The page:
• A $7 million gift from Gilbert Cisneros, BA ’94, and his wife, Jacki, led to the creation of the GW Cisneros Hispanic Leadership Institute, which helps qualified students attain academic success, build leadership skills and engage in a long-term commitment to making a difference within the Hispanic community. The institute encompasses numerous opportunities to address the challenges Latino youth face in the education arena, including scholarship and mentorship support for select GW students who have aspirations to give back to the Hispanic community. And the institute is home to the Caminos al Futuro pre-college summer program for academically talented rising high school seniors who are involved in leadership and service activities.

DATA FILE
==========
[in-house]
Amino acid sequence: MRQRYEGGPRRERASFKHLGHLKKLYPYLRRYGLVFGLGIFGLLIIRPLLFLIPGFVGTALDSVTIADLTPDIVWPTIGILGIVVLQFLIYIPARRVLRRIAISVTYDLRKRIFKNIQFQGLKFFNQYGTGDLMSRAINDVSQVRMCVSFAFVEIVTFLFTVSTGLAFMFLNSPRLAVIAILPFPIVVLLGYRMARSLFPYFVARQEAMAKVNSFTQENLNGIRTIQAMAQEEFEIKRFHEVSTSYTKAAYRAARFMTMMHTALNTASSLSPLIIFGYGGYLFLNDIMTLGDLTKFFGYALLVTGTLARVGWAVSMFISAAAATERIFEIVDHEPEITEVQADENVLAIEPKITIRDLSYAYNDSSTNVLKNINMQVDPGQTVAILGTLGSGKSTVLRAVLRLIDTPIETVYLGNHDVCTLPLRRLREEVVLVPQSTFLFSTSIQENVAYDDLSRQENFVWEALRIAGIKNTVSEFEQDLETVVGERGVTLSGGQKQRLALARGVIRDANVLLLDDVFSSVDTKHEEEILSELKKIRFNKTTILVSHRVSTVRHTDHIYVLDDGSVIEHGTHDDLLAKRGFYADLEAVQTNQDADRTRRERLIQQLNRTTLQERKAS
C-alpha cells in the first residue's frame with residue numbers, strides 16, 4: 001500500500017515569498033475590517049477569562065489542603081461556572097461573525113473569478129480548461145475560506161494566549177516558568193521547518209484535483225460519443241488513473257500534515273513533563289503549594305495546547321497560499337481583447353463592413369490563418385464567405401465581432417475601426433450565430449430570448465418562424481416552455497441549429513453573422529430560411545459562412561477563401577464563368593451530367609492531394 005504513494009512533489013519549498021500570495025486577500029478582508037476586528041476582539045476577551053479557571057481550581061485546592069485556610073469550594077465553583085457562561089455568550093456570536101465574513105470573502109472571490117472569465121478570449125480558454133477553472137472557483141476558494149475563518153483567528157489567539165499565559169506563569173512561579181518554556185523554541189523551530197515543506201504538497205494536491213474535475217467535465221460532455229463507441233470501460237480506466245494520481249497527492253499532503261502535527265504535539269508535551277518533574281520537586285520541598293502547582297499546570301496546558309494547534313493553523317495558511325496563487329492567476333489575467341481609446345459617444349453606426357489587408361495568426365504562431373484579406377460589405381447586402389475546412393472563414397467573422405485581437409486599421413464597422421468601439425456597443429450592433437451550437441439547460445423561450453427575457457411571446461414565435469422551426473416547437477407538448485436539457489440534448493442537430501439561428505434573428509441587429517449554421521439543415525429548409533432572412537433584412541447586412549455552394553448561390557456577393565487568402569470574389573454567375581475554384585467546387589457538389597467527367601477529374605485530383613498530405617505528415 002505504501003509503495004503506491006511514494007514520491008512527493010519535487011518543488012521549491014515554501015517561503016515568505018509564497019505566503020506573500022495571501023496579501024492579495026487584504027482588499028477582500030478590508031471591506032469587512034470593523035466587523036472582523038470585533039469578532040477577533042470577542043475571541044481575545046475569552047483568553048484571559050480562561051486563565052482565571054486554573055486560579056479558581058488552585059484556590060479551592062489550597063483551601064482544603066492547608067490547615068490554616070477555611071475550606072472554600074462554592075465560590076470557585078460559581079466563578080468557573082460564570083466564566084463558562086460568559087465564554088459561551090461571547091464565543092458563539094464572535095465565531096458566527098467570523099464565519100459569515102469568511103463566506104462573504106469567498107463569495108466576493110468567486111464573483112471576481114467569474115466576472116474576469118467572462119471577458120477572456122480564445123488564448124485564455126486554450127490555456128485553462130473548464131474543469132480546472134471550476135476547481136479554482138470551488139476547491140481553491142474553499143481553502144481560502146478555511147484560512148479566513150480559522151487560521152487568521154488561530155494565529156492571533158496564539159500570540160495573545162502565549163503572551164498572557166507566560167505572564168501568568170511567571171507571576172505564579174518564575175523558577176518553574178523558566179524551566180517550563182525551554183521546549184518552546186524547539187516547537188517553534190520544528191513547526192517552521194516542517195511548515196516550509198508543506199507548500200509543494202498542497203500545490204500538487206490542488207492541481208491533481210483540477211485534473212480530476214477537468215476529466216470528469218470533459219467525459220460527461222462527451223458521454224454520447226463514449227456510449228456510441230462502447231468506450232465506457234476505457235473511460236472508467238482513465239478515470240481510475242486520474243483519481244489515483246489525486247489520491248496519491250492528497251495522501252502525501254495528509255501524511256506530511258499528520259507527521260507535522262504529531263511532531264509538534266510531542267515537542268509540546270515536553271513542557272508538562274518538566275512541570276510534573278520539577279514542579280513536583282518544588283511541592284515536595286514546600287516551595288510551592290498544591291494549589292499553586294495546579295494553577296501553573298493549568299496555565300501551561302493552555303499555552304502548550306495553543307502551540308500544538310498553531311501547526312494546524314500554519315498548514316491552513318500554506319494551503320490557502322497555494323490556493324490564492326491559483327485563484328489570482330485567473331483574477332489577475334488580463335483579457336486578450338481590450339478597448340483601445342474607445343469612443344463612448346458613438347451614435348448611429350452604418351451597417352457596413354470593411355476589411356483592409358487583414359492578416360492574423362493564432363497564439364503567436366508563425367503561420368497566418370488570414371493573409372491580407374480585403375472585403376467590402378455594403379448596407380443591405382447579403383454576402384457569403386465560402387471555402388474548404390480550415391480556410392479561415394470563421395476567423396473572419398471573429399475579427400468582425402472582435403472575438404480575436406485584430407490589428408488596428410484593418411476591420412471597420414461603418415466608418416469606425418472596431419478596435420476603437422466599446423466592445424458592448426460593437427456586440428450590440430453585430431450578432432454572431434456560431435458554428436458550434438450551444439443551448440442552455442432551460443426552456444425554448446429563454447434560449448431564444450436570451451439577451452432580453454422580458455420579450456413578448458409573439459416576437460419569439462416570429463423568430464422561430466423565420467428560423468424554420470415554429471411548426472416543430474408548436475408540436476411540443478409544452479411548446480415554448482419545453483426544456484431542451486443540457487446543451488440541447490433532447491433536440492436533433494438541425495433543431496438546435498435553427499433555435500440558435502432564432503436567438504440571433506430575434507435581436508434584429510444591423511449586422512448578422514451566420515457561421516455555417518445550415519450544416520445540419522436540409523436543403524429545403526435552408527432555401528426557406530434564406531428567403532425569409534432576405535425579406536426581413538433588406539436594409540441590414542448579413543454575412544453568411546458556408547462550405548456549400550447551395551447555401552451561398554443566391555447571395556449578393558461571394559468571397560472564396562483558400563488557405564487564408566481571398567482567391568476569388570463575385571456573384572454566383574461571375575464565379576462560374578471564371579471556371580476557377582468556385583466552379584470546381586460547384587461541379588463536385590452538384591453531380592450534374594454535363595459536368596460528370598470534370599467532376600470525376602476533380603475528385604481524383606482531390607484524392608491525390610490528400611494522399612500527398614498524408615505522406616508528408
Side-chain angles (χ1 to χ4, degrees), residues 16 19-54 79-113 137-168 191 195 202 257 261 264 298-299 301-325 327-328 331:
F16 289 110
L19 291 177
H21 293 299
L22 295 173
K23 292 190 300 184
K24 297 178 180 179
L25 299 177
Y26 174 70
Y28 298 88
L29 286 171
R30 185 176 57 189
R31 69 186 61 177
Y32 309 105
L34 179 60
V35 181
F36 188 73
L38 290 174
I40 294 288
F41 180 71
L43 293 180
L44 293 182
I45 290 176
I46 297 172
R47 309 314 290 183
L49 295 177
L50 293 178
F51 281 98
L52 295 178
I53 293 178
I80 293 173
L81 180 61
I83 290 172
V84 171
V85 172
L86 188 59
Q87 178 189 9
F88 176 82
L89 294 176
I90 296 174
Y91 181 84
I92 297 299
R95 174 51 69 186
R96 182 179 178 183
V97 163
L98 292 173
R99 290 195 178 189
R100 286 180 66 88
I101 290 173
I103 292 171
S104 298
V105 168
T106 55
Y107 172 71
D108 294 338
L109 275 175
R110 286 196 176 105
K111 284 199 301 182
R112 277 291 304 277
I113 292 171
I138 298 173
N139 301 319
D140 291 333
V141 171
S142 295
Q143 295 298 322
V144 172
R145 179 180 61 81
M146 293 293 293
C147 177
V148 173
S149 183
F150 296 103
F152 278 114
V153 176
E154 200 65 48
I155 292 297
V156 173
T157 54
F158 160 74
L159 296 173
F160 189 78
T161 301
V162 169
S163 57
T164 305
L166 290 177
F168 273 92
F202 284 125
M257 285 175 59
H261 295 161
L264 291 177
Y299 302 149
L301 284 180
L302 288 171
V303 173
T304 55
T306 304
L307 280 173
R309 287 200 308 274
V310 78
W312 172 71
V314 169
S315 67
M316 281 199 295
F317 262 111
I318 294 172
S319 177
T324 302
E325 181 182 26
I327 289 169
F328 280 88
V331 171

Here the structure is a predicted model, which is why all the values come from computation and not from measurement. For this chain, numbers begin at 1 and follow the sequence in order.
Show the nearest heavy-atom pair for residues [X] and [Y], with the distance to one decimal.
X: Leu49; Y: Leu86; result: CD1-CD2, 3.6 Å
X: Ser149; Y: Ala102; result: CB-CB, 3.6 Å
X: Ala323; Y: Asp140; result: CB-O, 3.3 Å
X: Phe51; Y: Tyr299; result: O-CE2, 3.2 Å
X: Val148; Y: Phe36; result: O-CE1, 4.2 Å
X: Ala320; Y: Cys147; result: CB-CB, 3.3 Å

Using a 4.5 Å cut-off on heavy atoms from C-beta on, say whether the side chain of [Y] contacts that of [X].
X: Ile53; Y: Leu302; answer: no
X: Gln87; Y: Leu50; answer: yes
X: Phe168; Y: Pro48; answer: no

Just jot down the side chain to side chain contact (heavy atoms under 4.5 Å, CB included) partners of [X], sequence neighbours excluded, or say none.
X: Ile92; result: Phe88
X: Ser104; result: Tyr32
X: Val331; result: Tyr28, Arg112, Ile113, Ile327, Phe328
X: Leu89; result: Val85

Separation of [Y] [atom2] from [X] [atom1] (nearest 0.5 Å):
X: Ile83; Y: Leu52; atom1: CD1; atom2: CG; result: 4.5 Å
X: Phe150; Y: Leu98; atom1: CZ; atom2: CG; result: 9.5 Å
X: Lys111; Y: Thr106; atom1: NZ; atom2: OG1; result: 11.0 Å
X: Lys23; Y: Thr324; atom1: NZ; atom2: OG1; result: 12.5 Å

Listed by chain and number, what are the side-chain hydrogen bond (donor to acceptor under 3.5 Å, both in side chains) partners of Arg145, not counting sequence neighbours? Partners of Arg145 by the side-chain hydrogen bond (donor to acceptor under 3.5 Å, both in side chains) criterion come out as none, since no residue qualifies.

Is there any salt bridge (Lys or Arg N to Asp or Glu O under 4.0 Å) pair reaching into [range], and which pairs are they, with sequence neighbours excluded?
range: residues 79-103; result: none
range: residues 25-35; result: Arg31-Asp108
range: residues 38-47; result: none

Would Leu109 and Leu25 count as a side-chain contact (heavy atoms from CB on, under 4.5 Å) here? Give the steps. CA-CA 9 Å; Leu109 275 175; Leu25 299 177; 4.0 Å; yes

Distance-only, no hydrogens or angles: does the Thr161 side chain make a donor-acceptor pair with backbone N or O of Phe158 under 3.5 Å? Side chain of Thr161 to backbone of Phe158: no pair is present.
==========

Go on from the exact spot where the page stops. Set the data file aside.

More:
• A $2 million grant from Susie and Michael Gelman’s Morningstar Foundation endowed the Max Ticktin Professorship of Israel Studies that is now held by Arie Dubnov, a renowned historian from University of Haifa in Israel. The endowment also supports the training and mentorship of students to foster a broad understanding of the history, politics, society and culture of modern Israel. A towering scholar of modern Israel, beloved teacher, influential leader in the Hillel movement and cherished friend and mentor, the late Rabbi Max Ticktin was an iconic former professor of Hebrew and the cornerstone of the Columbian College’s Judaic Studies Program for more than 30 years.